The jacket copy describes The Mind of South Africa as a ‘magisterial’ history, and indeed it is – in its scope, its incantatory prose, and in the remorseless lucidity of its judgments of the actions of white men. Every lie spoken by a white person is shredded, every white cruelty recounted, every self-serving rationalisation exposed. This is the book’s great strength, and its greatest weakness, too, for Mr Sparks is so intent upon demonising the apartheid state and demolishing its myths that he comes close to erecting a new edifice of myth in their place.

The tone is set in the book’s opening pages, which offer a lyrical description of South Africa as it was before the white man came. The indigenous African societies were ‘more democratic’ than their 15th-century European counterparts, says Sparks – and more respectful of ‘human values and human worth’. Unlike the Boers, the Africans co-existed more or less peacefully with their Bushman neighbours. (This is Sparks’s view: the Yale historian, Leonard Thompson, notes that the Xhosa regarded Bushmen as ‘vermin’ and says that the relationship between the two populations ‘often degenerated into endemic warfare’.*) Witch hunts were ‘an integral and comprehensible feature of society’, and savage only in the eyes of benighted whites. The Africans were actually ‘a profoundly spiritual people’, imbued with the spirit of ubuntu, an ur-socialist value-system that encouraged sharing, mutual respect and the subordination of selfish interests to the common good.

In Sparks’s view, the spirit of ubuntu has survived the centuries, and permeates African culture to this day. In spite of all they have suffered, he says, black South Africans remain warm, exuberant, caring, conciliatory, ‘gracious and unexpected teachers of cultural wisdom and moral integrity’. Even the notoriously bellicose Winnie Mandela is portrayed here as a tolerant and compassionate creature, and a ‘devout Anglican’ to boot. One scans this book in vain for exceptions. Indeed, one closes it feeling that Africans are innately virtuous, incapable of cruelty and violence unless driven to it by whites.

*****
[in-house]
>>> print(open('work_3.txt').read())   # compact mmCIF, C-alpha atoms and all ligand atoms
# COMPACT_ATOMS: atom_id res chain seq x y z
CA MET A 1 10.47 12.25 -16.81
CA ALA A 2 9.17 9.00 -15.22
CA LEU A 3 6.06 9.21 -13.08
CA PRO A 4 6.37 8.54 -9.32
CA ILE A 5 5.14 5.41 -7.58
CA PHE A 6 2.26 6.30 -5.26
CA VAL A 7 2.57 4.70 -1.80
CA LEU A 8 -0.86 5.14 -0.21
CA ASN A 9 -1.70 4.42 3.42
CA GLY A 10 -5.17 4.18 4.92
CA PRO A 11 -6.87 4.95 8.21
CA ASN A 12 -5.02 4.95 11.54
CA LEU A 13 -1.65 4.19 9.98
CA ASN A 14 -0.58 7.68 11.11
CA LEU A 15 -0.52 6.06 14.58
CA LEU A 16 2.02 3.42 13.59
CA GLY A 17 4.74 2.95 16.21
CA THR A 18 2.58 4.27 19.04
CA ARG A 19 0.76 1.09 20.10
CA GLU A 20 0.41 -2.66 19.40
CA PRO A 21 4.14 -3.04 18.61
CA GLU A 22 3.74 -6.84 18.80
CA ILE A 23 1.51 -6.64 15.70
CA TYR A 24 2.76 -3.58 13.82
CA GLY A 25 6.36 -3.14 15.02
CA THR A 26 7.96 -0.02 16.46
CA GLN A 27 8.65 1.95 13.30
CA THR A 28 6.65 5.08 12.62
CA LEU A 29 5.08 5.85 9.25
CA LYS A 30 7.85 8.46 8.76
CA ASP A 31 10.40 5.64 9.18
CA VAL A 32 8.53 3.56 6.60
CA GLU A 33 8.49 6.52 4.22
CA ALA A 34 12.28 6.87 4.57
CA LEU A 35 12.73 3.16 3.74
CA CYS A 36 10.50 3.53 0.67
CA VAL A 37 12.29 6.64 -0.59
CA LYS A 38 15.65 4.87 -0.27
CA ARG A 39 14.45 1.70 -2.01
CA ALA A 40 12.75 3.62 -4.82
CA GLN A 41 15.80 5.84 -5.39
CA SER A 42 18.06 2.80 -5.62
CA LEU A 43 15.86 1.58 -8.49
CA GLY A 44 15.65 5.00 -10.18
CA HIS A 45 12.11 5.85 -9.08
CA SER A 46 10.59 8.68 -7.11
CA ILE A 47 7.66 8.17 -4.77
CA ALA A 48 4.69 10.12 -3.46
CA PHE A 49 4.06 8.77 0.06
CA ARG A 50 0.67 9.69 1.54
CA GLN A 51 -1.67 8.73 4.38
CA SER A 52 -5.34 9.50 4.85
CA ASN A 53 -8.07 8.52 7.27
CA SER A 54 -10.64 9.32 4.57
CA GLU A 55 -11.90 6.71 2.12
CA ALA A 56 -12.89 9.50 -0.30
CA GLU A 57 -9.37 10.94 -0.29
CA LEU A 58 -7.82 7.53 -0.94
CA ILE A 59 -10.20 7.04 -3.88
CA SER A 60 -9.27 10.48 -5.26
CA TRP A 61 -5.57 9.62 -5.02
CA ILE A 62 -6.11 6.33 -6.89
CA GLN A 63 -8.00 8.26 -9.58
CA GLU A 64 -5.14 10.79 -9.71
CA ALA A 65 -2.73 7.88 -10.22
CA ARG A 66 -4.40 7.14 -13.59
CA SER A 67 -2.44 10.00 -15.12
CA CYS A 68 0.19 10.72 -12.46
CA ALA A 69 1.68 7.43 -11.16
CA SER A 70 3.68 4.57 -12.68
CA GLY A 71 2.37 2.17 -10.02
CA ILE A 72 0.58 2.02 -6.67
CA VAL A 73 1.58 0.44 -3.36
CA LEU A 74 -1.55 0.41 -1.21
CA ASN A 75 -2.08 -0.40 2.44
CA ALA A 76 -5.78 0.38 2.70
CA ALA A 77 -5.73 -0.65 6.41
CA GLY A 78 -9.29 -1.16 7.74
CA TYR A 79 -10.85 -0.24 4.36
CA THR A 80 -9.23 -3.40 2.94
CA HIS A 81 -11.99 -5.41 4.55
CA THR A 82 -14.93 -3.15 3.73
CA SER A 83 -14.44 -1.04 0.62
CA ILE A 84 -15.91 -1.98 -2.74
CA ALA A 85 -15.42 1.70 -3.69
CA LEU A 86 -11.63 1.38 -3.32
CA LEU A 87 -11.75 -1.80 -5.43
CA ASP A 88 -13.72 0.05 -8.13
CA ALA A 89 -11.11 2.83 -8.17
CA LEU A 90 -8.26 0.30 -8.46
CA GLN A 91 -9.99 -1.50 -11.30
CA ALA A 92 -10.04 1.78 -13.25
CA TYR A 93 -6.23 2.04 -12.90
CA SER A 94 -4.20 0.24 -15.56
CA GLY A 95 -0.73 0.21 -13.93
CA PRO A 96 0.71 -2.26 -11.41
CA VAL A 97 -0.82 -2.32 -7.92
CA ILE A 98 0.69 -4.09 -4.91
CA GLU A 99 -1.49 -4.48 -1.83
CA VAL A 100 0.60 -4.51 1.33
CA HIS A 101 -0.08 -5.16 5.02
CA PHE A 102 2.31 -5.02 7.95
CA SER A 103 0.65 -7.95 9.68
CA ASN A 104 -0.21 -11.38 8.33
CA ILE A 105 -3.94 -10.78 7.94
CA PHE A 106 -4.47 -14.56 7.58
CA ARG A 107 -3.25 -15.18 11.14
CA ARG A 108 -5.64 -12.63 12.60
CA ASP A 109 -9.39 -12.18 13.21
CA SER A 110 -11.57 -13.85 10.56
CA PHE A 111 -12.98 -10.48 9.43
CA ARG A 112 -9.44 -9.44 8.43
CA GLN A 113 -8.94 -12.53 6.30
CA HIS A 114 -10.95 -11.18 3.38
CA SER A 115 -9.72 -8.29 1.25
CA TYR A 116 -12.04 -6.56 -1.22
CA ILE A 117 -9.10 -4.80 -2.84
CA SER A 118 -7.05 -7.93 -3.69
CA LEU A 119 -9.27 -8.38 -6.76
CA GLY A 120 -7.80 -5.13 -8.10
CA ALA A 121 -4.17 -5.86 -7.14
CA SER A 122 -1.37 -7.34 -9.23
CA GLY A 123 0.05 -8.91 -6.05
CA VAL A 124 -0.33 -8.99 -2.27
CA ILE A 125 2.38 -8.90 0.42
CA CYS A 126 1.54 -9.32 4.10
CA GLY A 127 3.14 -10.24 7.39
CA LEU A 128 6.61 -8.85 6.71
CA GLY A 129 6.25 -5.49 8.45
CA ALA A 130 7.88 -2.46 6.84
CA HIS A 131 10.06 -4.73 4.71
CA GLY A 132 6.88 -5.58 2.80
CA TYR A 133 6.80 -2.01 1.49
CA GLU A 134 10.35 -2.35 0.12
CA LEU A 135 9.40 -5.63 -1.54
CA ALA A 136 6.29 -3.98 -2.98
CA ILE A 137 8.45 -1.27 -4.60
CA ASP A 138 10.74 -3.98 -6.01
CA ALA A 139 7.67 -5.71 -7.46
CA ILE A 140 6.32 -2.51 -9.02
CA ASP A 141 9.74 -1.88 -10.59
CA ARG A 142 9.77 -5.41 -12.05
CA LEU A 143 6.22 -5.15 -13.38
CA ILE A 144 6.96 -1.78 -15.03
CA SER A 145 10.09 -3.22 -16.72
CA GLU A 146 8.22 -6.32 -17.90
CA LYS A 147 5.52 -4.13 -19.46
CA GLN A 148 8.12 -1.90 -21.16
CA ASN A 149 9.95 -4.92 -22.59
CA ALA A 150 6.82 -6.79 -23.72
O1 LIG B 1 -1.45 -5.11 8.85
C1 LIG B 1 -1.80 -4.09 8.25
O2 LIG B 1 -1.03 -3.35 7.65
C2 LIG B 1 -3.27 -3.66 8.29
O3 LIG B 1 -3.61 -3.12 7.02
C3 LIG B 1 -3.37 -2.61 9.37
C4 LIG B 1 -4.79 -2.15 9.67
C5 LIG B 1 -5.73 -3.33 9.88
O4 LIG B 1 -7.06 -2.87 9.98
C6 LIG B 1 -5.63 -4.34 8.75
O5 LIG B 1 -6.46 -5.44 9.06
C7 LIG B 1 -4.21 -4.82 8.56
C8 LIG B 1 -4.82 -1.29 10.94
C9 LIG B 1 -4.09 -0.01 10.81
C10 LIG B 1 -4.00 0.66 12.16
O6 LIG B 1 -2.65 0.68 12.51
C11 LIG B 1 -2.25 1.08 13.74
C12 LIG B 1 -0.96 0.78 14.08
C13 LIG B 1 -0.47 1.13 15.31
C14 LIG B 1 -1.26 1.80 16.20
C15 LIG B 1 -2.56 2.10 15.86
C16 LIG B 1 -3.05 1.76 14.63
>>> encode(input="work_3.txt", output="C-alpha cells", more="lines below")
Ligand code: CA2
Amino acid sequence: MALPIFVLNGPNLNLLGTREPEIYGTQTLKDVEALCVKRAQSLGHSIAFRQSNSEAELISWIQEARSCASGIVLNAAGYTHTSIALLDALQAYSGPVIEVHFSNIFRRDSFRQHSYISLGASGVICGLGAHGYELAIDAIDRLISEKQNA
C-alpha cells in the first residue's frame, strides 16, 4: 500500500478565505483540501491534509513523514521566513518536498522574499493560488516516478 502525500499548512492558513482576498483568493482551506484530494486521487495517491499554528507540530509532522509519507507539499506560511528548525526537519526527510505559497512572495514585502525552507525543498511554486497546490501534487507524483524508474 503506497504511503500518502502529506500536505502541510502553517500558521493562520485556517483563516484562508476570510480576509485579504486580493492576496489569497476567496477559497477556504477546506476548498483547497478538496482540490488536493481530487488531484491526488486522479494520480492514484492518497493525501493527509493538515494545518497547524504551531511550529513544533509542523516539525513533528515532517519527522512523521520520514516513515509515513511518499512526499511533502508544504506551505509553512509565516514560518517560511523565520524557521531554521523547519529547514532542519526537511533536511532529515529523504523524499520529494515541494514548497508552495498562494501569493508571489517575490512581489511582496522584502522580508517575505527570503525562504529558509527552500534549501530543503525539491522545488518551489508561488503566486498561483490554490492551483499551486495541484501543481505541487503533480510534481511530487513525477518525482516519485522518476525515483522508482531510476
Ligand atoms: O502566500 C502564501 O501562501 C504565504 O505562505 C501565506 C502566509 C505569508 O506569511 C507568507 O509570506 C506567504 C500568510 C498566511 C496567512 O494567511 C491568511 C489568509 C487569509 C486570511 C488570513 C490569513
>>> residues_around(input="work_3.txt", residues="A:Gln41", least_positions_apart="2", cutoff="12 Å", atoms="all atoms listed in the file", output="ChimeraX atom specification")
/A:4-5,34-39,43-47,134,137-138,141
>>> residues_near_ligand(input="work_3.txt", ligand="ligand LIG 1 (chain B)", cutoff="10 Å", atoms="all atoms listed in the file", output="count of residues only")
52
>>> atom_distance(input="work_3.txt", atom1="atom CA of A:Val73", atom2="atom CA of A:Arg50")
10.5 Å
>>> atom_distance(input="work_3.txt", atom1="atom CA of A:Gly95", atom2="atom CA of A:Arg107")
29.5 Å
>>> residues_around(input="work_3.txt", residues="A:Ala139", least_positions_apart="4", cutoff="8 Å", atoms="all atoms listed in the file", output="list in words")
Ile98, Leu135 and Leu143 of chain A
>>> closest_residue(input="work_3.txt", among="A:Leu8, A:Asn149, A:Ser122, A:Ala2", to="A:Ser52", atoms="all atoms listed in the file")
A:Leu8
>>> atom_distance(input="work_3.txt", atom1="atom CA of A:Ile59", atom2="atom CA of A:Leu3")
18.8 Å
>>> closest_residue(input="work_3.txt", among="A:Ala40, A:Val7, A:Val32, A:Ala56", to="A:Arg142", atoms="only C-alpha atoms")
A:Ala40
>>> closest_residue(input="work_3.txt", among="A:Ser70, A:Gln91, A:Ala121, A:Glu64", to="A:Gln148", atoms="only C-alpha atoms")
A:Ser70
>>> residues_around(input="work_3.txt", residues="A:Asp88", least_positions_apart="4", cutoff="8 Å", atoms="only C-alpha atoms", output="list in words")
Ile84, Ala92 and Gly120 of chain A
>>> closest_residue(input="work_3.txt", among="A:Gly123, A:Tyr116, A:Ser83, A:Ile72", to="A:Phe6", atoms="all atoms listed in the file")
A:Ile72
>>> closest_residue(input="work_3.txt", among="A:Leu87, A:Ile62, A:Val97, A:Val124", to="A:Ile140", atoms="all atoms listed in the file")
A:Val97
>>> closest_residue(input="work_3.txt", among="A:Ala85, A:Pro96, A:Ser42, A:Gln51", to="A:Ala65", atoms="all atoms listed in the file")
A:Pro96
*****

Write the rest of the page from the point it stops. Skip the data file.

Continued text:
This is one of Sparks’s favourite themes, and he returns to it again and again. Shaka Zulu’s genocidal wars against his neighbours were the fault of white men, in that the arrival of tiny bands of trekboers in the interior engendered land hunger and turned Africans against each other. (According to Thompson, this theory ‘cannot be substantiated’.) Whites brought the armed struggle on themselves by suppressing peaceful dissent. Whites are responsible for the civil wars in neighbouring Angola and Mozambique. Bloody conflict among rival black factions is the result of ‘shrewd manipulation’ by the white secret police. Indiscriminate terror bombings and political murders are the work of ‘a generation of black youth so brutalised and desensitised by its encounter with white South Africa’s repressive forces’ as to have lost all sense of the value of life.